Hannibal was 25 years old at the time and some of the soldiers he led were nearly twice his age. How did he command their respect and extraordinary effort?
Hannibal led by example. He slept amongst his soldiers and would not wear anything that made him distinct above them. He led his men into battle and was the last to leave the battlefield.
Or jump out of the airplane.
The United States Air Force uses an interesting twist on leading by example to ensure maximum performance. The USAF has a policy that people who pack parachutes have to periodically make jumps themselves. The result? The USAF has no quality control problem with chute packing.
Or go to the mat.
I’m an adjunct instructor at the Alaska DPS Academy on a number of legal topics cops need to know about. I usually end a day’s classroom instruction of the recruits with a workout in the Academy’s fitness room.
On one such day, the recruits were still at dinner chow (it’s a residential Academy) when I wandered towards the fitness room a little before 1800. From the adjoining gym, I heard thuds, thwacks and grunts. The building is secure at that time and I thought the place was empty except for me. I cracked open the door and peeked in.
Corporals Lance Jamison-Ewers and Eric Spitzer were ground fighting on the mats. Their faces were red; their bodies were sweaty; they were panting with exertion. These guys had been up since 0400 to lead the recruits in morning PT and had put in a demanding day after that.
“Hey! What are you guys doing?” I shouted.
They stopped and looked at me without untangling. Both grinned like I’d caught them in a joyful indulgence. Lance sang out, “Working on DT, Ma’am.”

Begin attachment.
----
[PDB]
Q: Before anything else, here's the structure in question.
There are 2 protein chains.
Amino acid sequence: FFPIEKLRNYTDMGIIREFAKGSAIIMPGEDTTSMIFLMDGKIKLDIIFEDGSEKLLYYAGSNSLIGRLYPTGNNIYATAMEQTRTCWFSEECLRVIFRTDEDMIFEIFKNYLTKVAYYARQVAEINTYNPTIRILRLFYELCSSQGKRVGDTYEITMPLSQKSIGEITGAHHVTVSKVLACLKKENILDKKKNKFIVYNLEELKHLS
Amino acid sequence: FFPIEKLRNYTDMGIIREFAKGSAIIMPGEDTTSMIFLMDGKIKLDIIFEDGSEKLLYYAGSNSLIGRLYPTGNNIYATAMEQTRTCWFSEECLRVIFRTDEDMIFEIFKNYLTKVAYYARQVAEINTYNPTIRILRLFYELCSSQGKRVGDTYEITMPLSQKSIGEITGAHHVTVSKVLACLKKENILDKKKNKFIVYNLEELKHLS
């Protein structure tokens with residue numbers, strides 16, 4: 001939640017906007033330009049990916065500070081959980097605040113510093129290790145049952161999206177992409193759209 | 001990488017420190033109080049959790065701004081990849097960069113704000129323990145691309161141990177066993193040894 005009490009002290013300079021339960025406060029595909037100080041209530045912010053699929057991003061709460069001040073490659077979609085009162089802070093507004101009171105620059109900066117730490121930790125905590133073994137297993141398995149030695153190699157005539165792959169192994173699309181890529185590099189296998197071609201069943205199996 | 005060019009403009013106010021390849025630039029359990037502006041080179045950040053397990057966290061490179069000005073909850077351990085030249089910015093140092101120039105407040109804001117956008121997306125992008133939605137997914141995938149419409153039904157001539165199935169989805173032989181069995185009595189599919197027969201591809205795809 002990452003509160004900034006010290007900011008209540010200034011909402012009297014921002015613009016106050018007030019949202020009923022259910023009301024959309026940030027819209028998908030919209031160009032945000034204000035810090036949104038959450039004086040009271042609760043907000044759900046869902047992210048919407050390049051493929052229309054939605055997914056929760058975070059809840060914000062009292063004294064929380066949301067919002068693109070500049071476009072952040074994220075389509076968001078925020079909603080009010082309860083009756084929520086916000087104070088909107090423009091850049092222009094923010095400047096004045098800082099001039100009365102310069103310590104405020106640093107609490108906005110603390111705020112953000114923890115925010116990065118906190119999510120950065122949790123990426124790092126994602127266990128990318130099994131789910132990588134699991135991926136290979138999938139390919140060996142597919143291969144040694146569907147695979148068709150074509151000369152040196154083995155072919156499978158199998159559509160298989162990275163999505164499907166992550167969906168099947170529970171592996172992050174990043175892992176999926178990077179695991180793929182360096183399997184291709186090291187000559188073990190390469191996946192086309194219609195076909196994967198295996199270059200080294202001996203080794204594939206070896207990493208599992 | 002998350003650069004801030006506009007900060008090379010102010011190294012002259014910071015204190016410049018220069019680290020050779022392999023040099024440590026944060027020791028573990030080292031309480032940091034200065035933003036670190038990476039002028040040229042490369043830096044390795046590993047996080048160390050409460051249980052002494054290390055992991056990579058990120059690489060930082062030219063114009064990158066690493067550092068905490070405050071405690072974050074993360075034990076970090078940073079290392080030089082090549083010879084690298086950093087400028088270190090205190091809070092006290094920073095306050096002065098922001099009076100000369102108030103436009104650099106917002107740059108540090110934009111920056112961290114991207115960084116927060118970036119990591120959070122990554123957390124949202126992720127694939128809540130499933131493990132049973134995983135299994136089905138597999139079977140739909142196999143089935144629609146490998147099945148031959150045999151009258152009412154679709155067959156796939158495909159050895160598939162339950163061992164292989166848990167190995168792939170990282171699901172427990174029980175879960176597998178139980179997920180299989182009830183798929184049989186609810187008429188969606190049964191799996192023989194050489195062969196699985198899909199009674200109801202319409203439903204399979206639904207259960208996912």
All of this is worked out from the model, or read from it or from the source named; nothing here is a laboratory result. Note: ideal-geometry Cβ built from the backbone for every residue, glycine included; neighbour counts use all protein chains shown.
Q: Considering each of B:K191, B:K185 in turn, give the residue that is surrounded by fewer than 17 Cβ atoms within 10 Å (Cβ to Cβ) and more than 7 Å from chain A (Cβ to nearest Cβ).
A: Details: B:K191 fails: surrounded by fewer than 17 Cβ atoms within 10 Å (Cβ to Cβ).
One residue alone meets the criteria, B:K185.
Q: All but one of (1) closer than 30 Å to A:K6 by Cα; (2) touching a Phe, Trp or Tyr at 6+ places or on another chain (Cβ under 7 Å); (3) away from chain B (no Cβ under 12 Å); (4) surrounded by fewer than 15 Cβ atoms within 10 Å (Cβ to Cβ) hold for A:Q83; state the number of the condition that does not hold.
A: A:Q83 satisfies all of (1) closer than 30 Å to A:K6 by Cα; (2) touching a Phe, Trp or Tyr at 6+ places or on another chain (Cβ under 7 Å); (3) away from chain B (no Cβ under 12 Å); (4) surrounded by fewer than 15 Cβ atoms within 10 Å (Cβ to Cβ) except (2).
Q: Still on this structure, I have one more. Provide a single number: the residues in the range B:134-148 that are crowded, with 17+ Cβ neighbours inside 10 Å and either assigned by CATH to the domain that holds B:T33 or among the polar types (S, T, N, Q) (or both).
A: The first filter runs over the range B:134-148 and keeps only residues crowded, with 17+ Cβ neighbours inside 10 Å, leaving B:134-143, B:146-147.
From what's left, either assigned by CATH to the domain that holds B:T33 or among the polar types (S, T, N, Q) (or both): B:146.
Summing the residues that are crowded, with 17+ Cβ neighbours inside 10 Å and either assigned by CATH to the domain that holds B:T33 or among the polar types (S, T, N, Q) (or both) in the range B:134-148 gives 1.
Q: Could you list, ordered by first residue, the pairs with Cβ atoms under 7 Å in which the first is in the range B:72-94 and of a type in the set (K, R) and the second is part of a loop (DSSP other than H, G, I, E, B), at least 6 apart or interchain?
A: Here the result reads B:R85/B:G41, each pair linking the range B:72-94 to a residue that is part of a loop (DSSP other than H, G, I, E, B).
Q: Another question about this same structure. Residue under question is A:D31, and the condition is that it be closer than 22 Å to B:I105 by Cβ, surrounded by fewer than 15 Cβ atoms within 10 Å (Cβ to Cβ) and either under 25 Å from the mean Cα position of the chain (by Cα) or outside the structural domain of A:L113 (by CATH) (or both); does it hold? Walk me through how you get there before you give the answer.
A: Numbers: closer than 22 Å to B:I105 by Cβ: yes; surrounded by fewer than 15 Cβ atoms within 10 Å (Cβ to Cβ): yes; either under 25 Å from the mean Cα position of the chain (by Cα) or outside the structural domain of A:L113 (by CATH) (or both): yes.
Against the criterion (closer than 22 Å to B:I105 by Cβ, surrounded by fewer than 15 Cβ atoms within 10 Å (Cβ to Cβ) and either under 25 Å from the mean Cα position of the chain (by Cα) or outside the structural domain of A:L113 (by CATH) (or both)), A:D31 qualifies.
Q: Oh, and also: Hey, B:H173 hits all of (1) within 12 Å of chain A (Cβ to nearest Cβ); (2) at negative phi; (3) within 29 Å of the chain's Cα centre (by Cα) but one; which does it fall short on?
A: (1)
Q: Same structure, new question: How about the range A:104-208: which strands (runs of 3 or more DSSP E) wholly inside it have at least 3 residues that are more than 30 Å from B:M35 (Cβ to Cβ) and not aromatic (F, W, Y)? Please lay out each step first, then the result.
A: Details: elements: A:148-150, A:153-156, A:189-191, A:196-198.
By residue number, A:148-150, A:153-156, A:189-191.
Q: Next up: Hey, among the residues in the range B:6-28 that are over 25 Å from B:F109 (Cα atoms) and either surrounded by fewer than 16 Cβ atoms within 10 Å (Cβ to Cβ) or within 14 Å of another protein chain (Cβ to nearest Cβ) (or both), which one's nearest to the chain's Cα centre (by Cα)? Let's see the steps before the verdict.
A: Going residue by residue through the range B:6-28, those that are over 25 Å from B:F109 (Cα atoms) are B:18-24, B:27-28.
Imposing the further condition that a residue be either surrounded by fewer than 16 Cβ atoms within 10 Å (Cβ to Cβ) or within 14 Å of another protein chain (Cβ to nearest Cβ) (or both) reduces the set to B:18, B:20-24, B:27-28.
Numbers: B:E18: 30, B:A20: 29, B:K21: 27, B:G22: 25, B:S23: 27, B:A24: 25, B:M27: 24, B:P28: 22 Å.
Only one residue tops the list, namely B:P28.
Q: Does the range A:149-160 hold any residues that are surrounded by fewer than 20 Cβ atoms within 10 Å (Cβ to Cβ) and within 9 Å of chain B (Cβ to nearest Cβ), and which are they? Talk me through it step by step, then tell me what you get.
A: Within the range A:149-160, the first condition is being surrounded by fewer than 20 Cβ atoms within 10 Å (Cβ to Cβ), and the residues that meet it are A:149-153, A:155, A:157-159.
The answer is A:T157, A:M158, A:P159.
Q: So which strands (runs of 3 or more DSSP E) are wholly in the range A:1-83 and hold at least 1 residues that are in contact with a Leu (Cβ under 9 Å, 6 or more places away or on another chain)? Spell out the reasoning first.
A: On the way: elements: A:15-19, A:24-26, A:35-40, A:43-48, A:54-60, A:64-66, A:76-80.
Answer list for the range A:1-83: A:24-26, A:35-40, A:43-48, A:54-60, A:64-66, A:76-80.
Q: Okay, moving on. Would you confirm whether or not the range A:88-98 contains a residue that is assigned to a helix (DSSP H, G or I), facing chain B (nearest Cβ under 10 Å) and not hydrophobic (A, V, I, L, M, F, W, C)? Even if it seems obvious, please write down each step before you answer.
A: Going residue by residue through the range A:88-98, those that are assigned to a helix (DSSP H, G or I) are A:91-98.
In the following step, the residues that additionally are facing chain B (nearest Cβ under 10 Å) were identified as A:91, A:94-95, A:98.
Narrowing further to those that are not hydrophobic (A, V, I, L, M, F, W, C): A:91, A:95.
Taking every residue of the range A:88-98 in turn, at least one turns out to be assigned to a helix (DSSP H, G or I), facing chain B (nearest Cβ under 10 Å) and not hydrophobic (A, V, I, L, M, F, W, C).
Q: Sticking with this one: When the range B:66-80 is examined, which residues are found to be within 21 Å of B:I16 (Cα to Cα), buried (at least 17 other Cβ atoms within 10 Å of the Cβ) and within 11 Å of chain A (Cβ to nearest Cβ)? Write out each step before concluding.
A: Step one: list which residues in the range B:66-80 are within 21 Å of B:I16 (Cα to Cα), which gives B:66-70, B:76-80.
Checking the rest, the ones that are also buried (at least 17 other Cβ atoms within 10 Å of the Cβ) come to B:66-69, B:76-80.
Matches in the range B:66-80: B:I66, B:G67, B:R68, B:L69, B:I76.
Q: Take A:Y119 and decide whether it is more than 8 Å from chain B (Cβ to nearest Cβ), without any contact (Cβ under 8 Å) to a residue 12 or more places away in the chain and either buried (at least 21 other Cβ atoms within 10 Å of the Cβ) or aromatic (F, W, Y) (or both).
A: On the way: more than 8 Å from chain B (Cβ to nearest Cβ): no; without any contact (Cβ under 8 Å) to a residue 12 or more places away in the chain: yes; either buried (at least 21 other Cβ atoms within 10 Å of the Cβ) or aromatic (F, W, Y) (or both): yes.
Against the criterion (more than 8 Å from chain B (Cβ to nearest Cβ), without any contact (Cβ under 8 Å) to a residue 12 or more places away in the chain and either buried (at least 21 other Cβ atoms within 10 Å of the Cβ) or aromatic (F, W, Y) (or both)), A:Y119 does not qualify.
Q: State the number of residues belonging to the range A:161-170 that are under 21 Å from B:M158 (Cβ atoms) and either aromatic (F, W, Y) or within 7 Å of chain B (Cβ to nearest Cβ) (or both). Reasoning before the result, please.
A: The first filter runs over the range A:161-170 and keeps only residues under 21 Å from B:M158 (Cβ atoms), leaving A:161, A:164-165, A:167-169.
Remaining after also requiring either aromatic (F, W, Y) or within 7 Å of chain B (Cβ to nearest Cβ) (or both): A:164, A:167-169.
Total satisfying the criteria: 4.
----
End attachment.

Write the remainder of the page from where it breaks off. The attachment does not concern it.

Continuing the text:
“Yes, Ma’am!” they both agreed.
“Carry on.” And they did. They gave it everything they had, and then gave it some more. I don’t know for how long because I left them to it.
So where’s the leading by example here? The recruits didn’t know their Corporals were working harder and longer than they had that day.
But I did. And while I left these Corporals to their grappling, they didn’t leave me. Their commitment, their passion for training hard and being the best they could be for the recruits, continues to make me want to work hard and well enough to be worthy of them and the recruits we train.
When did you last get your boots muddy?
You don’t have to be in a position of authority over someone to lead by example. I’d taught Corporal Spitzer as a recruit. Anyone can set an example of effort and perseverance that inspires others to extraordinary effort and action.
So, whether you’re a law enforcement executive, an FTO, an Academy trainer or fellow officer, when did you last get your boots muddy?
- When did you last keep on breaking and replacing track when those around you didn’t think they could go on?
- When did you last decide to be the change you wanted to see in the world?
- When did you last give up some of your comfort to experience some of the discomfort your recruits or officers do?
- When did you last jump out of a plane with a parachute you packed and do some of the job that they do?
- When did you last hit the mat and do more than they do?
Because, here’s the thing,
“We lead by example, whether we intend to or not.” ~Unknown~
About The Author:
Described by Calibre Press as "the indisputable master of enter-train-ment," Val Van Brocklin is an internationally sought speaker, trainer and noted author. She combines a dynamic presentation style with over 10 years experience as a prosecutor where her trial work received national media attention on ABC's Primetime Live, the Discovery Channel's Justice Files, in USA Today, The National Enquirer and REDBOOK. In addition to her personal appearances, she appears on television, radio, and webcasts, in newspapers, journal articles and books. Visit her website: www.valvanbrocklin.com